The recent publication of the AHDB Recommended Lists for 2019 is the culmination of another year of extensive variety trialling throughout the UK.
With data analysed and numbers crunched, the new lists highlight the best of the new varieties alongside the established market leaders, whilst also seeing some old favourites removed. It is testament to the ongoing efforts of the plant breeders that better varieties with increased yield and improved agronomics continued to be developed, many of which are already being multiplied by the Seed Industry before being commercially released in 2019.
However, with so much choice, which of these new less familiar varieties should local growers be considering as viable options for the future?
Winter barley sees the highest number of new varieties with 6 additions to the list. Four of these are 2-row feed varieties offering competition to current market leaders KWS Orwell and KWS Tower. Let’s take a look at what these are..
Firstly, from the same stable comes KWS Gimlet, a tall variety with slightly weak straw and later maturity, it has improved mildew resistance but its yield in the North region has been poorer than elsewhere.
More interesting perhaps are two new varieties from Limagrain, LG Mountain and LG Flynn.
LG Mountain is the highest yielding 2-row variety for the North and is early to mature although it is potentially susceptible to lodging and has high screening levels.
LG Flynn is lower yielding and slighter later to mature but is has taller stiffer straw and bold grains with low screenings. These attributes, together with better rhynchosporium resistance, are likely to find favour with livestock farmers especially in the West where its performance is best.
The last of the new 2-row varieties is Valerie, a surprise recommendation in that its yield is below the best, but it is stiff strawed, early, and has good disease resistance together with exceptionally high specific weight. In this latter respect, perhaps at last a replacement for KWS Cassia?
SY Baracooda & SY Kingsbarn
There are also two new hybrid 6-row winter barley varieties added to the list, SY Baracooda and SY Kingsbarn. Although neither is higher yielding in the North than existing varieties, SY Kingsbarn in particular has improved grain quality with high specific weight and low screenings making it a potentially attractive proposition.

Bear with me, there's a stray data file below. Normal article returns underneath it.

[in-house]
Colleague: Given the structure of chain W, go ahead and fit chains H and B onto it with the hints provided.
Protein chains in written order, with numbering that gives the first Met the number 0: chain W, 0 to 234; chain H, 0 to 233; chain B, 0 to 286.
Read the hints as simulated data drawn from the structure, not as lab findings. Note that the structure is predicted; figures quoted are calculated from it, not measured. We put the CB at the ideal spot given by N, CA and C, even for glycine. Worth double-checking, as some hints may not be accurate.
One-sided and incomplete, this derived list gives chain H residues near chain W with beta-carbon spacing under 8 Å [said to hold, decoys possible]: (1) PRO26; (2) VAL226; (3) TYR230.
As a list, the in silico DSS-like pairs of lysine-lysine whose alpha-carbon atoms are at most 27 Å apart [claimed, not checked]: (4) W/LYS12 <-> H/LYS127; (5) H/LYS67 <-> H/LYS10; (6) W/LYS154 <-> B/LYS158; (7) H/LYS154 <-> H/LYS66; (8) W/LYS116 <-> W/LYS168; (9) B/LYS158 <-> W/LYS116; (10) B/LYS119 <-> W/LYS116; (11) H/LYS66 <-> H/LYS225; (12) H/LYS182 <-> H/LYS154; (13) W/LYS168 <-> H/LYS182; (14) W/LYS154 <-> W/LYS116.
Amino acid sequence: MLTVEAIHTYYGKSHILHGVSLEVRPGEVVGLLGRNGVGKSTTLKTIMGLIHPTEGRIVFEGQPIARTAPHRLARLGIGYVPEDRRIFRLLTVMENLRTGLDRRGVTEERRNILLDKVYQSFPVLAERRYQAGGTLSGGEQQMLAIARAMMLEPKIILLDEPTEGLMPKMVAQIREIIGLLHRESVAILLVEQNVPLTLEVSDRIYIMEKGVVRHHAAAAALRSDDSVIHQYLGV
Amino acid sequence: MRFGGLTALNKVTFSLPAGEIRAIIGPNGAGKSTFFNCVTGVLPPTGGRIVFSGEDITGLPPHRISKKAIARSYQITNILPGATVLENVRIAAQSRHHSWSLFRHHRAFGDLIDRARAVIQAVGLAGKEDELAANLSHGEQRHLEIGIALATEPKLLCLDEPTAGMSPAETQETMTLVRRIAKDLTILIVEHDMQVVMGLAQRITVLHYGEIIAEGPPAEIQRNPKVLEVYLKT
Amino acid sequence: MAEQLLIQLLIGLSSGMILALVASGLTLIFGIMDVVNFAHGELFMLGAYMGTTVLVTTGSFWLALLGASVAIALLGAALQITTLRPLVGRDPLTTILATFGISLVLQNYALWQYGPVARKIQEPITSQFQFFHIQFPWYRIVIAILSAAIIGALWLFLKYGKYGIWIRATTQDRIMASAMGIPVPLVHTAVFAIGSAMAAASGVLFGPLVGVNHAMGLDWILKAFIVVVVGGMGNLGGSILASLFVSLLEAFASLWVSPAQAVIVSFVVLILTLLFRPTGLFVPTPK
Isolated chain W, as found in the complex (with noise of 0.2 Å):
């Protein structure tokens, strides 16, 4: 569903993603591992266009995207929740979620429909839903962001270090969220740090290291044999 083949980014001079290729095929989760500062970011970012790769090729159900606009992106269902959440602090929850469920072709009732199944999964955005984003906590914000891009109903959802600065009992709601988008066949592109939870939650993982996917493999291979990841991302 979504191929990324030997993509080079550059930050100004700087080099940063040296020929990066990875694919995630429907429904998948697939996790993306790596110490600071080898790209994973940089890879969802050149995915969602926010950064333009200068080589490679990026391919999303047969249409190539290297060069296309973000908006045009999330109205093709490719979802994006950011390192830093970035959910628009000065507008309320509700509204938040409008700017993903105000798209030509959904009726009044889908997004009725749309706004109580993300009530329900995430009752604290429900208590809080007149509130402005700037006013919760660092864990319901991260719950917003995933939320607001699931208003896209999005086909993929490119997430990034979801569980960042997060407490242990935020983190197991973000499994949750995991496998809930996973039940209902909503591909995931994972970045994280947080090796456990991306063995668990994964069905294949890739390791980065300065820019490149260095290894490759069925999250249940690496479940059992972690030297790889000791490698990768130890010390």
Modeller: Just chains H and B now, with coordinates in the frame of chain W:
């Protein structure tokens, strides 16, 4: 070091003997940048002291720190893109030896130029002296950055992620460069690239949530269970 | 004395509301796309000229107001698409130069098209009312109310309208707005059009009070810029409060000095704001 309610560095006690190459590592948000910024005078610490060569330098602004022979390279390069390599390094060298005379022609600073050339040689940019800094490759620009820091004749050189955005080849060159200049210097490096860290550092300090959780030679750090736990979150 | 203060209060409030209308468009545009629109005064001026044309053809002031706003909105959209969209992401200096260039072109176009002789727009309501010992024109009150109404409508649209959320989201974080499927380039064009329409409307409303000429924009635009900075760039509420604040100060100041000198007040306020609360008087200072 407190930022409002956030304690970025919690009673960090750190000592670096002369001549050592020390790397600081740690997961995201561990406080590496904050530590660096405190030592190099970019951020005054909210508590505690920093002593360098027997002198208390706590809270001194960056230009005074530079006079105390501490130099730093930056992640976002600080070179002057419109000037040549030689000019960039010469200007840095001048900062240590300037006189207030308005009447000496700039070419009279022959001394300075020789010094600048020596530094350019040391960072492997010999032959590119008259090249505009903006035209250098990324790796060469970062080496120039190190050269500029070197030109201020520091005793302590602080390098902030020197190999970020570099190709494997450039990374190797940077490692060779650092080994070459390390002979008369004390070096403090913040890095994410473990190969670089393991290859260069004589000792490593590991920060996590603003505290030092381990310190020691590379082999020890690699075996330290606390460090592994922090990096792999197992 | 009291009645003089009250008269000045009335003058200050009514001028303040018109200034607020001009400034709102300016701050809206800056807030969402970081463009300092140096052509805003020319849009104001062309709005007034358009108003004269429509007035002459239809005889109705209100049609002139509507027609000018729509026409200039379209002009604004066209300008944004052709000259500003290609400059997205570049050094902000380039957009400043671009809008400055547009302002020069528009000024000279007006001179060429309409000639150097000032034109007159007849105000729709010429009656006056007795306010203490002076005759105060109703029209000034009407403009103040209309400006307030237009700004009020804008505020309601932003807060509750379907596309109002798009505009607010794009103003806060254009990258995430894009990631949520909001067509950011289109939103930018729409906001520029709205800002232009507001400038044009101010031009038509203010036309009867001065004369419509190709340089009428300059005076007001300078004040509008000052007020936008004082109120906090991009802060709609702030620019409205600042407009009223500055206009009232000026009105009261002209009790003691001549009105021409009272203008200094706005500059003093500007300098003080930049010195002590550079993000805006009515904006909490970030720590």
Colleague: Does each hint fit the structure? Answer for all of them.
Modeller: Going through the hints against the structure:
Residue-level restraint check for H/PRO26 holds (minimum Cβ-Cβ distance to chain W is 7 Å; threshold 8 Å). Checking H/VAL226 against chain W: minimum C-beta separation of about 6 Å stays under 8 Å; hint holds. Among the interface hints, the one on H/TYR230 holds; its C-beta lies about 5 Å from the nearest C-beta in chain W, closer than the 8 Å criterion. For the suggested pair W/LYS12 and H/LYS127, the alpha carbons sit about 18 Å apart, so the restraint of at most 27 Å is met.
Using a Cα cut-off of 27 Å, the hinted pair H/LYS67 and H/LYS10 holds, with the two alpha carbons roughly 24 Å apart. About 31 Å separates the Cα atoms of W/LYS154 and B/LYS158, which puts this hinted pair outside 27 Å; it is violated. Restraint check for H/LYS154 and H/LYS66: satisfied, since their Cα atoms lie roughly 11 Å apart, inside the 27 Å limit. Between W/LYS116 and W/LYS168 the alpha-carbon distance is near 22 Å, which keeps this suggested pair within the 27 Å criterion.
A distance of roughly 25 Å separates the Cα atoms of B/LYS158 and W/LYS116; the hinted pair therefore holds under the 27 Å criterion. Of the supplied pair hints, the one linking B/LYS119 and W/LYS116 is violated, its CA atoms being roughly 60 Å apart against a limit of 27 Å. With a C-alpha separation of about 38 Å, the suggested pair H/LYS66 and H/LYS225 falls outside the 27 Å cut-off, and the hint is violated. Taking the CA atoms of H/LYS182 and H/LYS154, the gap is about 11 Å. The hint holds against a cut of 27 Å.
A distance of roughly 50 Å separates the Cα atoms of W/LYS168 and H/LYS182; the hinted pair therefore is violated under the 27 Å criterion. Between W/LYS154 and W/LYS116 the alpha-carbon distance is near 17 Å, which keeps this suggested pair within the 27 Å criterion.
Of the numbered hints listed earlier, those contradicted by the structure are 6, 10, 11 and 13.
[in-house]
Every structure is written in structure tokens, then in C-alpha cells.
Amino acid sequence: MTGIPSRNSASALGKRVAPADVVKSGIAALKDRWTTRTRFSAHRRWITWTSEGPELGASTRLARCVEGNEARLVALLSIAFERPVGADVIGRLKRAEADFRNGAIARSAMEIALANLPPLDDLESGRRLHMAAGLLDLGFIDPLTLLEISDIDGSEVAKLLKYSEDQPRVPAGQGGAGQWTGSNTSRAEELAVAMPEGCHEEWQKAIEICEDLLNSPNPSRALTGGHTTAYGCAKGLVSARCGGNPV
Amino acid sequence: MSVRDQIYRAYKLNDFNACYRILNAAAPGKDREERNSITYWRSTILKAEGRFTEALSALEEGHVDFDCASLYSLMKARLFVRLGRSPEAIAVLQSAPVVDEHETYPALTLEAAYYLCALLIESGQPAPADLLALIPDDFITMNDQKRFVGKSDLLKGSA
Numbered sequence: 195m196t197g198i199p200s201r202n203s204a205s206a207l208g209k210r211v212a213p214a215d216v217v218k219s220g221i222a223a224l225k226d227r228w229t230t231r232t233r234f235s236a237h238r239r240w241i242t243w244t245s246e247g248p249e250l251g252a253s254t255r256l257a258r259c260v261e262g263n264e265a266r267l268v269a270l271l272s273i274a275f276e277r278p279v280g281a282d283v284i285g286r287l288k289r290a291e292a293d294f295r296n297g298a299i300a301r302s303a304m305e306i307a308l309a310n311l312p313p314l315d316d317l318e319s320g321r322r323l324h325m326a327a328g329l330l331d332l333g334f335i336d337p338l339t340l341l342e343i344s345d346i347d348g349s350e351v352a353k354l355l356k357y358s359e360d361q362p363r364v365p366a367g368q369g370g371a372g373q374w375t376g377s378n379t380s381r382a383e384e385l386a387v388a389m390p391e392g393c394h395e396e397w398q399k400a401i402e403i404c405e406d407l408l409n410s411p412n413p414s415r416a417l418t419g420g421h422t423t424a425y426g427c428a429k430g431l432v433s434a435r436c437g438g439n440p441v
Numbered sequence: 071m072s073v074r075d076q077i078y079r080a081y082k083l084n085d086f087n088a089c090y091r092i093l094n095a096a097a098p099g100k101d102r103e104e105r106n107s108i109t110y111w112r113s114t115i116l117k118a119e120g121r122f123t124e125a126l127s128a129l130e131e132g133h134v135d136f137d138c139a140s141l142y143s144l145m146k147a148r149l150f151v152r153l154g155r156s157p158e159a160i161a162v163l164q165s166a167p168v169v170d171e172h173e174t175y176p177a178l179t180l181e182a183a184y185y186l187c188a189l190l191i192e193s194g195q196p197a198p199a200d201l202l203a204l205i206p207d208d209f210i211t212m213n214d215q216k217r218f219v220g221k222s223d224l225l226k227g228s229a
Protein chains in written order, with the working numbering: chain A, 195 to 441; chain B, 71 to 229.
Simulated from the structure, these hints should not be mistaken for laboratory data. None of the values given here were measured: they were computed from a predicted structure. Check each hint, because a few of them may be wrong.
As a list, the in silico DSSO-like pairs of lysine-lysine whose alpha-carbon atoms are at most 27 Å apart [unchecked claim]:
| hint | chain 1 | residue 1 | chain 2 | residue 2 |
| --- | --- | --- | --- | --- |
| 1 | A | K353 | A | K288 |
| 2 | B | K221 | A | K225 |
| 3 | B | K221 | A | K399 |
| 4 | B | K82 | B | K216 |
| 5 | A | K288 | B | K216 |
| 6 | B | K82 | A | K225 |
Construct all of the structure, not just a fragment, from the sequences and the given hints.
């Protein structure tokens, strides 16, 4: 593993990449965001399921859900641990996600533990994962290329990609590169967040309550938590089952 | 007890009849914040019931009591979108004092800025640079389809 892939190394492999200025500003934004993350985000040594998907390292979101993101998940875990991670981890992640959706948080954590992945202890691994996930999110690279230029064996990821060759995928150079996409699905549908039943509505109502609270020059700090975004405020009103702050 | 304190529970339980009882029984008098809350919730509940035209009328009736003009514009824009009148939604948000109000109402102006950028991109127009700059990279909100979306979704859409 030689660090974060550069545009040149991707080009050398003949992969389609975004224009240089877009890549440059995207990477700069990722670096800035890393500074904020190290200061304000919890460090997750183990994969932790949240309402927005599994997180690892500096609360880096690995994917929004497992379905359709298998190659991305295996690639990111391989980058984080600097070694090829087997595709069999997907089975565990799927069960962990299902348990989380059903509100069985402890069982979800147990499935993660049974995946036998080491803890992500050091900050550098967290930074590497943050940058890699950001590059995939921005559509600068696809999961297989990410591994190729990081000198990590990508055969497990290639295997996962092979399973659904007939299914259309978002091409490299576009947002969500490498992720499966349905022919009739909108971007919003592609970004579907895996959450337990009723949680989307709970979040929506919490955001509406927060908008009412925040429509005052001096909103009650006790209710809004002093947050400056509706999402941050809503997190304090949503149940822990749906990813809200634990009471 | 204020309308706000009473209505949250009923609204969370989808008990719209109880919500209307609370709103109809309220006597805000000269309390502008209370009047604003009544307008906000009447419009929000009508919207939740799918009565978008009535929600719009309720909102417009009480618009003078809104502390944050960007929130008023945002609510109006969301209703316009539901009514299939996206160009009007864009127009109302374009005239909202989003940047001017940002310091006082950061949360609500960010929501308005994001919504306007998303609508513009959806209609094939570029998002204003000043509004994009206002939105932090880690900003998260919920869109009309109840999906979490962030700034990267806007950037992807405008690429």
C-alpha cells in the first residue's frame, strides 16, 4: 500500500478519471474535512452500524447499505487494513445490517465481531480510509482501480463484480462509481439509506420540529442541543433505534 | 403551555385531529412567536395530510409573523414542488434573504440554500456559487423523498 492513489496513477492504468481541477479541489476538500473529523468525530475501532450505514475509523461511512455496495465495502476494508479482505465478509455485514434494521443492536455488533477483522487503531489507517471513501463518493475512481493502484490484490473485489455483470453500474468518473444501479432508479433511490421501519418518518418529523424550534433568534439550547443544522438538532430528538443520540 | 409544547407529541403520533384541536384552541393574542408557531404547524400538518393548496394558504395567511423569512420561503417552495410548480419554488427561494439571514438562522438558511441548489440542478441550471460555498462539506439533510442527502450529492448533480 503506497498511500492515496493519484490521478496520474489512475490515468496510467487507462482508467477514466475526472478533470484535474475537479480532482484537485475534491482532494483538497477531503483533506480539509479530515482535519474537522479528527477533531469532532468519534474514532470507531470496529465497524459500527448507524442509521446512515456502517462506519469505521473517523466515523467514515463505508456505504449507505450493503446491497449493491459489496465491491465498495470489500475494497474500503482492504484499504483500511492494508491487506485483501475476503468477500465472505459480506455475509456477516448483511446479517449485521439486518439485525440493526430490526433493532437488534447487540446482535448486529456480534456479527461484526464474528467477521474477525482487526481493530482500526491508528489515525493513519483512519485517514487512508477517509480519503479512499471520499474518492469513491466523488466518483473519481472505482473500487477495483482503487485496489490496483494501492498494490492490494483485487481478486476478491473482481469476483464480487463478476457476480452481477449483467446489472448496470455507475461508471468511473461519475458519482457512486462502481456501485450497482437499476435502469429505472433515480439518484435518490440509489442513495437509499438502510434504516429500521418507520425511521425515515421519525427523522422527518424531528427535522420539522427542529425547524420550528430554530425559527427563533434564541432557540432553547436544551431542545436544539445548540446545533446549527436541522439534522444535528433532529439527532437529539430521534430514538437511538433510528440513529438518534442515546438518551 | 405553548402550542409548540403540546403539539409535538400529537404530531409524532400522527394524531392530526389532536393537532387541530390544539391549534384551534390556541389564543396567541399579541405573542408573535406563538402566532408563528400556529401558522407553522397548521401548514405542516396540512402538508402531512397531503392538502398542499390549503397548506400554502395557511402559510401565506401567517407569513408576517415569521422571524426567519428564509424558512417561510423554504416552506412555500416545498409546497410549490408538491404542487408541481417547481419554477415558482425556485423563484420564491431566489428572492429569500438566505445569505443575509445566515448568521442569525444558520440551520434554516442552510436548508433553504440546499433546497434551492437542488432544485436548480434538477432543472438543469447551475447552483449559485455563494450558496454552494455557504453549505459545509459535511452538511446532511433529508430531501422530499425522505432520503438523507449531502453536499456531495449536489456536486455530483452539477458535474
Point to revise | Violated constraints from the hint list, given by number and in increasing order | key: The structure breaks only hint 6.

There are five new varieties added to the winter wheat list this year of which three in particular look promising for Northern growers. These are:
KWS Firefly, a new group 3 variety, unfortunately seems to under‑perform in the North region so despite its attractive agronomics it may be one best left to growers further South.
Perhaps of more interest is KWS Extase, hard group 2 wheat and the first ever variety to score over “8” for septoria tritici resistance, a major breakthrough for plant breeding. With early maturity and a competitive yield this is definitely one to watch.
After much excitement following a limited release this year, LG Skyscraper goes on the list as the UKs highest yielding variety, the first time this title has been held by a soft wheat for many years.
LG Spotlight, another soft group 4 variety, has also achieved recommendation and has the best grain quality ever seen in a soft wheat. These last two varieties both have distilling potential and look set to command considerable interest from Northern growers in Autumn 2019.
There are less new additions to the Spring lists this year.
One new spring barley, Cosmopolitan, is a potential brewing variety but of little interest to the Scottish distilling market. It has a very high yield but with short straw and relatively poor specific weight it may not fit the bill as a feed variety either.
KWS Talisker & Hexham
Two new spring wheats have been recommended, KWS Talisker and Hexham, both high yielding hard group 4 varieties with improved untreated yields over the current standards.
Finally, there is one new spring oat variety, Elison. It looks agronomically sound but will require end user testing to affirm its milling quality before finding commercial acceptance.
All in all, it is with winter barley and winter wheat where growers are most likely to find new varieties of potential interest next year, with some promising new additions to watch out for in trials and consider for sowing in Autumn 2019.
Want to discuss the options best suited to you? Get in touch and we can make our recommendations based on your requirements.